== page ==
With my main task finished, I was put in charge of the printed programs but spent most of our committee meetings wondering how on earth this would work. None of us had done something this big before— temporally or spiritually — and while we had specific skill sets, we were all reaching beyond our abilities — and we knew it.
The youth practices began at the end of July and continued weekly from that point forward. At one of the committee meetings a few weeks after practices had begun, the dance director, Michelle Jackman, was asked how things were going.
“Honestly, it’s a disaster, but I have faith that it will come together,” she said.
There was much prayer going on at this time, much pleading with the Lord to help each person play their part to the best of their abilities. At this time, Bryce Day, a special education teacher from Bear River Middle School and one of the directors of the program, was working with the special needs youth to ensure their participation. His wife, Melanie, also a director as well as the theater teacher at Box Elder High School, oversaw the production of props while coordinating the sets, stage, flow and overall movements that would need to work just right in order to work at all.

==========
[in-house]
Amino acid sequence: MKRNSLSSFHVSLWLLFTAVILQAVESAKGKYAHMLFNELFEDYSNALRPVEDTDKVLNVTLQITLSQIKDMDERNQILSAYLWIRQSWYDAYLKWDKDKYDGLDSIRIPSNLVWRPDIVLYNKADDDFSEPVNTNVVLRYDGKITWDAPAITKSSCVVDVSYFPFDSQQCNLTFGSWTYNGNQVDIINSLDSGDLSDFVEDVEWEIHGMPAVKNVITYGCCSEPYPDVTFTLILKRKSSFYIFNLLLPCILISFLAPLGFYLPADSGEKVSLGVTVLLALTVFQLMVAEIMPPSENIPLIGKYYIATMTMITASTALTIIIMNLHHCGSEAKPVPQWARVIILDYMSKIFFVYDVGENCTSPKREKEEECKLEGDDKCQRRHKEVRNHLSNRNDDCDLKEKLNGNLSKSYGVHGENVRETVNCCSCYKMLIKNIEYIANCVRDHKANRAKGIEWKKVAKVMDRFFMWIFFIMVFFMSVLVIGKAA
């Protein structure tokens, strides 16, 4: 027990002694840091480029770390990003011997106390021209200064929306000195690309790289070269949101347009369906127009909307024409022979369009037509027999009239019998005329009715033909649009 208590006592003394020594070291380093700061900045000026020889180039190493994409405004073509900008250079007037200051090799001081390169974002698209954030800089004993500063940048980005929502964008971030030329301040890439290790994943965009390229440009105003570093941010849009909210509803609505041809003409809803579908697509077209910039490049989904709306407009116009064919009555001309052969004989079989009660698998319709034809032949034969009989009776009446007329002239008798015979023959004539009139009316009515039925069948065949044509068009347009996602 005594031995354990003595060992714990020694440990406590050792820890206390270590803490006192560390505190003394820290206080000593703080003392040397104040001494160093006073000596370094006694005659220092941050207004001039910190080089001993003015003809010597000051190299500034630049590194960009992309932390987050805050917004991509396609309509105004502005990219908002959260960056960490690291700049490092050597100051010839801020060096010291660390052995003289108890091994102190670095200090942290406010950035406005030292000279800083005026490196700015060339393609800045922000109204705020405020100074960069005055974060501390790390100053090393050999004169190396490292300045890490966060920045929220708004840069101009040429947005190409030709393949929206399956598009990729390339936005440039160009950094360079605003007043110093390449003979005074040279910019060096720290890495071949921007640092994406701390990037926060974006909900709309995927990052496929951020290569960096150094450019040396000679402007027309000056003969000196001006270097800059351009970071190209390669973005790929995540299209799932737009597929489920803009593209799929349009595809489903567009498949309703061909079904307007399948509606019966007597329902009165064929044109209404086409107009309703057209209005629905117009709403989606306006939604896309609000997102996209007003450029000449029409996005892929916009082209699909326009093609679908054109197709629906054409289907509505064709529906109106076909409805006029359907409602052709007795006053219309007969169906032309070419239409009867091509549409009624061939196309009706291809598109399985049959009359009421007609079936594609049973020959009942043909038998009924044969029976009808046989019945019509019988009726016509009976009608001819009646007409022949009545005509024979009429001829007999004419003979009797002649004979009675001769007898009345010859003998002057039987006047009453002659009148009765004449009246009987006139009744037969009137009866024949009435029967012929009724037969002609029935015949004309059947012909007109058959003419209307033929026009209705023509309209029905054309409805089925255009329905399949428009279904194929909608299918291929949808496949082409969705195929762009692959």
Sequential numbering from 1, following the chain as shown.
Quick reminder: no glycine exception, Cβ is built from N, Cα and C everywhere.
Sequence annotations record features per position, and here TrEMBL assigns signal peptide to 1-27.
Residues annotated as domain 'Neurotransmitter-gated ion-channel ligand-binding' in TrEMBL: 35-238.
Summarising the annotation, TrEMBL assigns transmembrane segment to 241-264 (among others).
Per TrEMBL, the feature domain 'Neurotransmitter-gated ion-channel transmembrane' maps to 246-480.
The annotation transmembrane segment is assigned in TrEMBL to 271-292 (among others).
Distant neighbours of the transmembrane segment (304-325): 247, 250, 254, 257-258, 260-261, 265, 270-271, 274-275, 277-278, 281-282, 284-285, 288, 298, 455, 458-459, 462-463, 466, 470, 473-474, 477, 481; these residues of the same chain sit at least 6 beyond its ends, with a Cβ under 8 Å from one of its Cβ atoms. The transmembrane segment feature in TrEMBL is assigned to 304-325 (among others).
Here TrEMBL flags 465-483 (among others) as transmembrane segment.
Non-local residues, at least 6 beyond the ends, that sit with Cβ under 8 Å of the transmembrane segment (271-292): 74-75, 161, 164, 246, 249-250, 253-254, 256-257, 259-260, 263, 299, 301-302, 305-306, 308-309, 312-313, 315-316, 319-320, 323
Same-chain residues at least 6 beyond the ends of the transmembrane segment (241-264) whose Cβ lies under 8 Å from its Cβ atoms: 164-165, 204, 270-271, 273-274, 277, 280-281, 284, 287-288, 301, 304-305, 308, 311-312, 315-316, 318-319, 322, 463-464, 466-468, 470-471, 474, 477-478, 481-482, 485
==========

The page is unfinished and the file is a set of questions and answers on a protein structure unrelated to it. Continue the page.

It would be a lie to say everything went smoothly. There were stumbling blocks in the form of rights and fabric, last-minute changes to routines, gathering of volunteers, sewing emergencies and crashed servers. There were concerns in regard to the changes made to the high school football schedule and the damage that would be done to the field during the performance. And yet, it says in the scriptures that when we have done all that we can do, the Lord will make up the rest. And he did.